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Where do we stand?
In the handbook Immunisation against infectious diseases (Green Book) published by HMSO in 1996,1 influenza vaccine has been recommended for the following categories in children:
Chronic cardiorespiratory conditions, including asthma
Chronic kidney problems
Diseases or treatments affecting the immune system
Chronic debilitating conditions.
The reason for giving influenza vaccine is that influenza can cause considerable morbidity and mortality in the above mentioned categories. According to the Public Health Laboratory website, influenza vaccine uptake is 10–12% in the <65 year age group (no separate figure for the paediatric age group).
Diabetes and asthma form a large part of paediatric practice, and the incidence of both these disorders is increasing. Despite this, uptake of this vaccine is extremely poor in these two categories.
When going through the British Thoracic Guidelines on Asthma for children, one fails to come across any mention of influenza vaccine in the long term management of asthma. Looking at the guidelines published for Diabetes and Haemato-oncological conditions, influenza vaccine does not find a place.
These findings are not in keeping with the official recommendations, as published in the Green Book. To understand this we scanned the current evidence, concentrating on three aspects: safety, efficacy, and benefit:risk ratio.
“Inactivated influenza vaccine is safe in children”
There are many studies looking at the safety of inactivated influenza vaccine (the currently available vaccine in the UK).2,3 Initial reports suggested that influenza vaccine may exacerbate asthma or reduce lung function. The Cochrane systematic review group looked at this aspect closely and found no evidence to support this.4 On current evidence, it is safe to say that inactivated influenza vaccine is safe in children.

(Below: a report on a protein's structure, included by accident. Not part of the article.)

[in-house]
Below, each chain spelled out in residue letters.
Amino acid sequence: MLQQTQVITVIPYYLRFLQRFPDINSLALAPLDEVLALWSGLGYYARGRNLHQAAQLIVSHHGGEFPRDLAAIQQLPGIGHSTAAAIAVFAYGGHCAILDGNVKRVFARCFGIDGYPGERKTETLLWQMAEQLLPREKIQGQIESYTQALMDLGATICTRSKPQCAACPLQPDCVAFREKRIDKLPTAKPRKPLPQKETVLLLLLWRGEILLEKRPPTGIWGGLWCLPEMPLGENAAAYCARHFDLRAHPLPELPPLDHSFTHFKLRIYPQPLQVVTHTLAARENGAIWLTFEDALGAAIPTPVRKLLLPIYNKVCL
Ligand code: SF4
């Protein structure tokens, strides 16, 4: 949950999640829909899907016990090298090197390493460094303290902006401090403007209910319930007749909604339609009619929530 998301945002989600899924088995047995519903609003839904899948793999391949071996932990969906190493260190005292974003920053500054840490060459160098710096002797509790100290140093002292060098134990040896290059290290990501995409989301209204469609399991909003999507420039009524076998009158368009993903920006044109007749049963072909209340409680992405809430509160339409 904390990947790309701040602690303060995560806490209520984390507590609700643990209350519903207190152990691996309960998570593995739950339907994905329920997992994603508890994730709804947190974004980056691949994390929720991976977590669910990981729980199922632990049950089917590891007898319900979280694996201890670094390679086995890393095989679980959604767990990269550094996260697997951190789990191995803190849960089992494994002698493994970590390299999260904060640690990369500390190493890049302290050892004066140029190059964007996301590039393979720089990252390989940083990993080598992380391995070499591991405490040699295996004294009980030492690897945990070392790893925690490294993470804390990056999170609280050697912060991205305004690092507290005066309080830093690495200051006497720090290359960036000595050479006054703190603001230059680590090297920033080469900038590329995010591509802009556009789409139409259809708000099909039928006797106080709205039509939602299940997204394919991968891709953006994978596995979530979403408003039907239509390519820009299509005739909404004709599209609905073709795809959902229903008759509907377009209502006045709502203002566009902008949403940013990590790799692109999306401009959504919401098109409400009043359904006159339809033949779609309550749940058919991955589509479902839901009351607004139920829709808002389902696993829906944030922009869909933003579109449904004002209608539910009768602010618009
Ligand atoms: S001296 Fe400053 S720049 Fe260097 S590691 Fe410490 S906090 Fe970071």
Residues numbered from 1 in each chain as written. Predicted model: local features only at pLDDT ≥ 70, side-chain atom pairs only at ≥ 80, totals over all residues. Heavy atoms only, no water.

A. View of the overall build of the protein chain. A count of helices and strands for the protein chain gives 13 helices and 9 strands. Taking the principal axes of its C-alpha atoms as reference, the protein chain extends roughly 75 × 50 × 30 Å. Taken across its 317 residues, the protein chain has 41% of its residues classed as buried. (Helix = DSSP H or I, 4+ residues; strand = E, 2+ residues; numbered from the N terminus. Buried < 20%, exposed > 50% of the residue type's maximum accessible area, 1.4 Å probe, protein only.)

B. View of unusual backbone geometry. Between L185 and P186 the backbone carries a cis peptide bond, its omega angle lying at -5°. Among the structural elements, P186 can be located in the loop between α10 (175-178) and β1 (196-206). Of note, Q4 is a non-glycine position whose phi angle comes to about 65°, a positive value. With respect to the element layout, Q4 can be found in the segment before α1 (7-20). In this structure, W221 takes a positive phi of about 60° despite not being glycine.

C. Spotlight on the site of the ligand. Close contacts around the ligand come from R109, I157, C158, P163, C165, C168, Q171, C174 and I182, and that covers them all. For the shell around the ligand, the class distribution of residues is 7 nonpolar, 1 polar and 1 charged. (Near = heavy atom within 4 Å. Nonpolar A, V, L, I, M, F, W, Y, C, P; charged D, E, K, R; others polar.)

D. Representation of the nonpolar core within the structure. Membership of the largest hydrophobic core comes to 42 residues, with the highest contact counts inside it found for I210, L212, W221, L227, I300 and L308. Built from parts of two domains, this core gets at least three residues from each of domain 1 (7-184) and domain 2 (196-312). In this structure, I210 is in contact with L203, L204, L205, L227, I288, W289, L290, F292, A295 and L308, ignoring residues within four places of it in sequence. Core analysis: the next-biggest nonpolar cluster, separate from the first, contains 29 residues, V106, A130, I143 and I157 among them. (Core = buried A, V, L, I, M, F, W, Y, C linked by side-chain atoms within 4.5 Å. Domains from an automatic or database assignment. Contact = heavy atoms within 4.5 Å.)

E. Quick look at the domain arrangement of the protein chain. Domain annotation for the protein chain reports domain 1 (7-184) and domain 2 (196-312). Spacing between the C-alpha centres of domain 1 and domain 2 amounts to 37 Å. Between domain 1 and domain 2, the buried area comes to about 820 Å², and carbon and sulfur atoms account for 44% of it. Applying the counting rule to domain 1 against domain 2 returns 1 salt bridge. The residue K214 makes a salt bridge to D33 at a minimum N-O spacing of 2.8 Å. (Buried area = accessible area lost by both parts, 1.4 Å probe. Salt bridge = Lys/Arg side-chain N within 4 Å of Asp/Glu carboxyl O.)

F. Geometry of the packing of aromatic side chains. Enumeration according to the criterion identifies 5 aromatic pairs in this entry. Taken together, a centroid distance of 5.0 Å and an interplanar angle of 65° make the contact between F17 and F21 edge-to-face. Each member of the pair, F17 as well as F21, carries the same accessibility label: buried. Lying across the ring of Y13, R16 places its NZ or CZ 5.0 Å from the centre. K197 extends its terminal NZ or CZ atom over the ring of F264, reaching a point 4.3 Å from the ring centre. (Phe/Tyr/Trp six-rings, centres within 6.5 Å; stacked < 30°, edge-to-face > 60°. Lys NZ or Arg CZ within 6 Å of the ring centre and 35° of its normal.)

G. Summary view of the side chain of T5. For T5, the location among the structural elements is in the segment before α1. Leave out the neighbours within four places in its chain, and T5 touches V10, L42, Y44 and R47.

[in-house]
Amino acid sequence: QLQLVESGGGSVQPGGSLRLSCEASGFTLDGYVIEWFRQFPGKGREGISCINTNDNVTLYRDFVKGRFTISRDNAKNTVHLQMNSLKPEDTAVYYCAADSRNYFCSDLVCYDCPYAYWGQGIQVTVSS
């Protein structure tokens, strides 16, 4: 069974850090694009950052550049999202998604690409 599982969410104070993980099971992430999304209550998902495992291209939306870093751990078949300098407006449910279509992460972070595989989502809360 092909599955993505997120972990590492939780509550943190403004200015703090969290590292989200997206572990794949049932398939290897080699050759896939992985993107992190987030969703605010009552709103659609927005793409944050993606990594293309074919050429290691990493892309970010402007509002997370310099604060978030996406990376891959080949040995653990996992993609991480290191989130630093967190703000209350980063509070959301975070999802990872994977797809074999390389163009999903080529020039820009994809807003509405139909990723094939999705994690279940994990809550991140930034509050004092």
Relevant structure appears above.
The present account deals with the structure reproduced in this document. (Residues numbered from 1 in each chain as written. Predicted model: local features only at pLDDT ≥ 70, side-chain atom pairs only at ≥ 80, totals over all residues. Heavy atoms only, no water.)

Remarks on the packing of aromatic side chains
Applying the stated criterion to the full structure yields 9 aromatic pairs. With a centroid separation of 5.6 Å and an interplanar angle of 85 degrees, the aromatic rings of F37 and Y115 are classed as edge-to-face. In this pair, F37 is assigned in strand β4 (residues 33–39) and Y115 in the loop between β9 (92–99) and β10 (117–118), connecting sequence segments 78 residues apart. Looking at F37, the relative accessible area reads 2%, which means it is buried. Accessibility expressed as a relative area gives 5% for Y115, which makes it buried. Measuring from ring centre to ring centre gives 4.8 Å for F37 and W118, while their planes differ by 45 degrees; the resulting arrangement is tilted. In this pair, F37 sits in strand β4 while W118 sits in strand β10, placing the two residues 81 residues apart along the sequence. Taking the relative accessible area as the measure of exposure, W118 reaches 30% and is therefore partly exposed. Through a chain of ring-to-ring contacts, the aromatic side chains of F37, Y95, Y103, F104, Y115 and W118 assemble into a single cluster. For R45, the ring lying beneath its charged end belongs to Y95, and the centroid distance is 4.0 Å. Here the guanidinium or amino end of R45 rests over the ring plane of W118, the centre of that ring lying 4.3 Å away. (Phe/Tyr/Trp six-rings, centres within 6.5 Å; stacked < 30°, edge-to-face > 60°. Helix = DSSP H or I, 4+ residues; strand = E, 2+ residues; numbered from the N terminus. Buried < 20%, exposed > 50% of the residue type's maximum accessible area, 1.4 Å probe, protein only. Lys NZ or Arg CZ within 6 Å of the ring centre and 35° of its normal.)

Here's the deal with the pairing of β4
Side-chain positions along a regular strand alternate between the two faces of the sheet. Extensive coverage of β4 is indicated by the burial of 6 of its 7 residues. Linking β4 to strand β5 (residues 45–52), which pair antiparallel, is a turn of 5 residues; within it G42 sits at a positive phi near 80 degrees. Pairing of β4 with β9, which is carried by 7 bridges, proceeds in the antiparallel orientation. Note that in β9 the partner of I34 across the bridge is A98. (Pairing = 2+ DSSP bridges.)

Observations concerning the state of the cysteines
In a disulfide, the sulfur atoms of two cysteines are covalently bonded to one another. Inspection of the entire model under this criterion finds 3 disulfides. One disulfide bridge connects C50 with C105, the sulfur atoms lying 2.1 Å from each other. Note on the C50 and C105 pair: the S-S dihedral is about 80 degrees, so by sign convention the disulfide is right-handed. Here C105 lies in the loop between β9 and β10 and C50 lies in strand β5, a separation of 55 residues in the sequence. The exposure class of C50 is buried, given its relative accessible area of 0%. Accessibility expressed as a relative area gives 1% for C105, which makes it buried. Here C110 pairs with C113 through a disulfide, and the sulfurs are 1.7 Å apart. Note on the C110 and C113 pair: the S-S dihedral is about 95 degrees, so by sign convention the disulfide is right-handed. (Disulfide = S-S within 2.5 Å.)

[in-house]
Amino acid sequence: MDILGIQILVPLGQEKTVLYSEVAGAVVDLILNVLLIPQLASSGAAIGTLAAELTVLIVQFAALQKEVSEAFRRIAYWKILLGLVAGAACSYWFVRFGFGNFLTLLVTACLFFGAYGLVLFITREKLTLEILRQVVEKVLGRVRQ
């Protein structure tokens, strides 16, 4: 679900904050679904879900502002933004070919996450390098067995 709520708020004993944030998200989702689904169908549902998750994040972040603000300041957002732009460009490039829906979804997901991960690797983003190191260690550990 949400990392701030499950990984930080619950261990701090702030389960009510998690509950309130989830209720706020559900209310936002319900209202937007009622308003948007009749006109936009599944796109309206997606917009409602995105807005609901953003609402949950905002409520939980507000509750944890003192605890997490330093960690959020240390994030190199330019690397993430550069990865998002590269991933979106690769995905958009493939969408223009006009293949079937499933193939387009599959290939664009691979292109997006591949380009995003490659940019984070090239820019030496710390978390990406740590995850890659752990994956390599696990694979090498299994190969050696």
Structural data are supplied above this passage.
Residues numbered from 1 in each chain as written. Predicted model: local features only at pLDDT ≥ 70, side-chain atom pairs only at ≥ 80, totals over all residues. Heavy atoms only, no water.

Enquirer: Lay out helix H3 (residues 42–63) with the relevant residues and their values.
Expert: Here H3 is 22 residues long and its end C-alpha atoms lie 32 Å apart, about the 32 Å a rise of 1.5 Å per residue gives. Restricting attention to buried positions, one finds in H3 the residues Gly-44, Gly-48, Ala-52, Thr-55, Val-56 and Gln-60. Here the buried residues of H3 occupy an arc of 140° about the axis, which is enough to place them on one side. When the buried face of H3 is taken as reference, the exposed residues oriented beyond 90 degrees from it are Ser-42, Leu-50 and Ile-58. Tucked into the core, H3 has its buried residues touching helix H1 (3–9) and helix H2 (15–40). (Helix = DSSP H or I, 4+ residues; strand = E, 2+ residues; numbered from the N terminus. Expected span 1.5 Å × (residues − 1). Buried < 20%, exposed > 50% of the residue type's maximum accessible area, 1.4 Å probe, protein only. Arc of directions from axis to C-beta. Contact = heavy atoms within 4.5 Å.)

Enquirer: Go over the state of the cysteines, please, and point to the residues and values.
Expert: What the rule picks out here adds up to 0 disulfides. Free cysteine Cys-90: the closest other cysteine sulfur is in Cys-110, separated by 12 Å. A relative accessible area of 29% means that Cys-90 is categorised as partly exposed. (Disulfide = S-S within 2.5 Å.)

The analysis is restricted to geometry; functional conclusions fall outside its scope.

“Efficacy of influenza is well proven in children”
Efficacy has been well proven, and with two doses of influenza vaccine the uptake is around 94%. This uptake is similar in cancer patients undergoing treatment.5
“Risk: benefit ratio of influenza vaccine is doubtful in the paediatric population”
Risk:benefit ratio is a contentious issue. The Cochrane review group which looked at vaccines for prevention of influenza in people with asthma concluded that there is insufficient evidence to assess benefit and risk of influenza vaccination. A study by Johnston et al on the role of viruses in exacerbation of asthma suggested that 80% of acute exacerbation are viral infection related, of which the contribution of rhinoviruses was 80%.6 A study from the Netherlands concluded that influenza vaccine is effective in preventing acute exacerbation in 55% of asthmatic patient below 6 years of age compared to 5% of asthmatics above 6 years.7 There are no studies on the effectiveness of influenza vaccine in diabetes.
In an overcrowded immunisation schedule, with recent controversy over MMR vaccine, it is difficult for general practitioners and paediatricians to recommend influenza vaccine in the absence of strong clinical evidence to parents of asthmatic and diabetic children. A recent paper from the USA suggests that uptake of influenza vaccine is barely 10% in the asthmatic population, despite the availability of vaccine in nasal spray form.8 This suggests that doctors themselves are not convinced of the role of influenza vaccine in asthma and diabetes.
With this background, should the Green Book recommend routine influenza vaccination for diabetic and asthmatic children?
Where do we stand?
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